Assessing the potential long-term increase of oceanic fossil fuel CO2 uptake due to CO2-calcification feedback A. Ridgwell1, I. Zondervan2, J. C. Hargreaves3, J. Bijma2, and T. M. Lenton4 1School of Geographical Sciences, University of Bristol, Bristol, BS8 1SS UK 2Biogeosciences, Alfred Wegener Institute for Polar and Marine Research, Am Handelshafen 12, 27570 Bremerhaven, Germany 3Frontier Research Center for Global Change, 3173-25 Showa-machi, Kanazawa-ku, Yokohama, Kanagawa 236-0001, Japan 4School of Environmental Sciences, University of East Anglia, Norwich, NR4 7TJ, UK
Abstract. Plankton manipulation experiments exhibit a wide range of sensitivities of
biogenic calcification to simulated anthropogenic acidification of the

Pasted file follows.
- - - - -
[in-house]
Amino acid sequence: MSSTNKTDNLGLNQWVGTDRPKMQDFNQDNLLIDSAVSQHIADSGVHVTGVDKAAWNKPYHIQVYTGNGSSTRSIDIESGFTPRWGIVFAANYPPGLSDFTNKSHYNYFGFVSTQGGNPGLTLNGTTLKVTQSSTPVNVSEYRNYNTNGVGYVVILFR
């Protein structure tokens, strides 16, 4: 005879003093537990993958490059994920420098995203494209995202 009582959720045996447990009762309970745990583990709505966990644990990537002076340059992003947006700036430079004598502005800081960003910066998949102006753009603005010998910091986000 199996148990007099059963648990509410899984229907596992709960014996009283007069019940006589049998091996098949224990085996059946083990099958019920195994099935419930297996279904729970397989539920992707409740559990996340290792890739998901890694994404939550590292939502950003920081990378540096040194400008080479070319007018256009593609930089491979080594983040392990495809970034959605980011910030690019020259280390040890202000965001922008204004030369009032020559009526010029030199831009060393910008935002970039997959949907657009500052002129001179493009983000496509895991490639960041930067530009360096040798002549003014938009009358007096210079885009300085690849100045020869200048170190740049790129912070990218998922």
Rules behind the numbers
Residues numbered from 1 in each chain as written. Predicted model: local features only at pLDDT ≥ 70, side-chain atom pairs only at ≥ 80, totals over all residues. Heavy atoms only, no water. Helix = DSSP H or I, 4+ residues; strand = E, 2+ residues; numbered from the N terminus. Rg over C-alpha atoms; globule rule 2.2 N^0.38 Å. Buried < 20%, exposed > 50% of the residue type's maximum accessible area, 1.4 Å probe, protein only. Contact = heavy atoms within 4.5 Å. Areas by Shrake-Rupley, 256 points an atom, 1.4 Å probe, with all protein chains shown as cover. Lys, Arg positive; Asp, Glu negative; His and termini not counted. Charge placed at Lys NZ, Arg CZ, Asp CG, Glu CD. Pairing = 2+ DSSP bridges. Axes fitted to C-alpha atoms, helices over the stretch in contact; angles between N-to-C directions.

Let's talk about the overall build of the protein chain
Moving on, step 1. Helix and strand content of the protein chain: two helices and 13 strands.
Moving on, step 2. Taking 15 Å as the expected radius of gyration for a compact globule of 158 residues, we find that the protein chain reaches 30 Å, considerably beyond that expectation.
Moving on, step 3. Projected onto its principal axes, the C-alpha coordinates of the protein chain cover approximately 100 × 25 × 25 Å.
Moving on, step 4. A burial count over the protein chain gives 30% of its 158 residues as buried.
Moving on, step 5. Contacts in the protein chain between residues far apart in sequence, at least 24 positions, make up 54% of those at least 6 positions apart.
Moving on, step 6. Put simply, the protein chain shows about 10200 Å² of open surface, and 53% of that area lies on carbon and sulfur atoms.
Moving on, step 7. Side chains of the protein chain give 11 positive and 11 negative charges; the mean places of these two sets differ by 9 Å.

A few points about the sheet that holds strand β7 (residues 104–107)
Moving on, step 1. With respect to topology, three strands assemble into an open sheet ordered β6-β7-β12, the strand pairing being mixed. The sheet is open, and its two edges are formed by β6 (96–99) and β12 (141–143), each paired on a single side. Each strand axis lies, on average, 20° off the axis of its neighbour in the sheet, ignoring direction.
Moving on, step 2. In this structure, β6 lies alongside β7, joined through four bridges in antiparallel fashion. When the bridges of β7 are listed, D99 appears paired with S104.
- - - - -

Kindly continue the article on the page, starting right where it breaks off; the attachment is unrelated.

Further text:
ocean, with the "lab rat" of planktic calcifiers, Emiliania huxleyi apparently not
representative of calcification generally. We assess the implications of
this observational uncertainty by creating an ensemble of realizations of an
Earth system model that encapsulates a comparable range of uncertainty in
calcification response to ocean acidification. We predict that a substantial
reduction in marine carbonate production is possible in the future, with
enhanced ocean CO2 sequestration across the model ensemble driving a
4–13% reduction in the year 3000 atmospheric fossil fuel CO2 burden.
Concurrent changes in ocean circulation and surface temperatures in the
model contribute about one third to the increase in CO2 uptake. We find
that uncertainty in the predicted strength of CO2-calcification
feedback seems to be dominated by the assumption as to which species of
calcifier contribute most to carbonate production in the open ocean.
Citation: Ridgwell, A., Zondervan, I., Hargreaves, J. C., Bijma, J., and Lenton, T. M.: Assessing the potential long-term increase of oceanic fossil fuel CO2 uptake due to CO2-calcification feedback, Biogeosciences, 4, 481-492, doi:10.5194/bg-4-481-2007, 2007.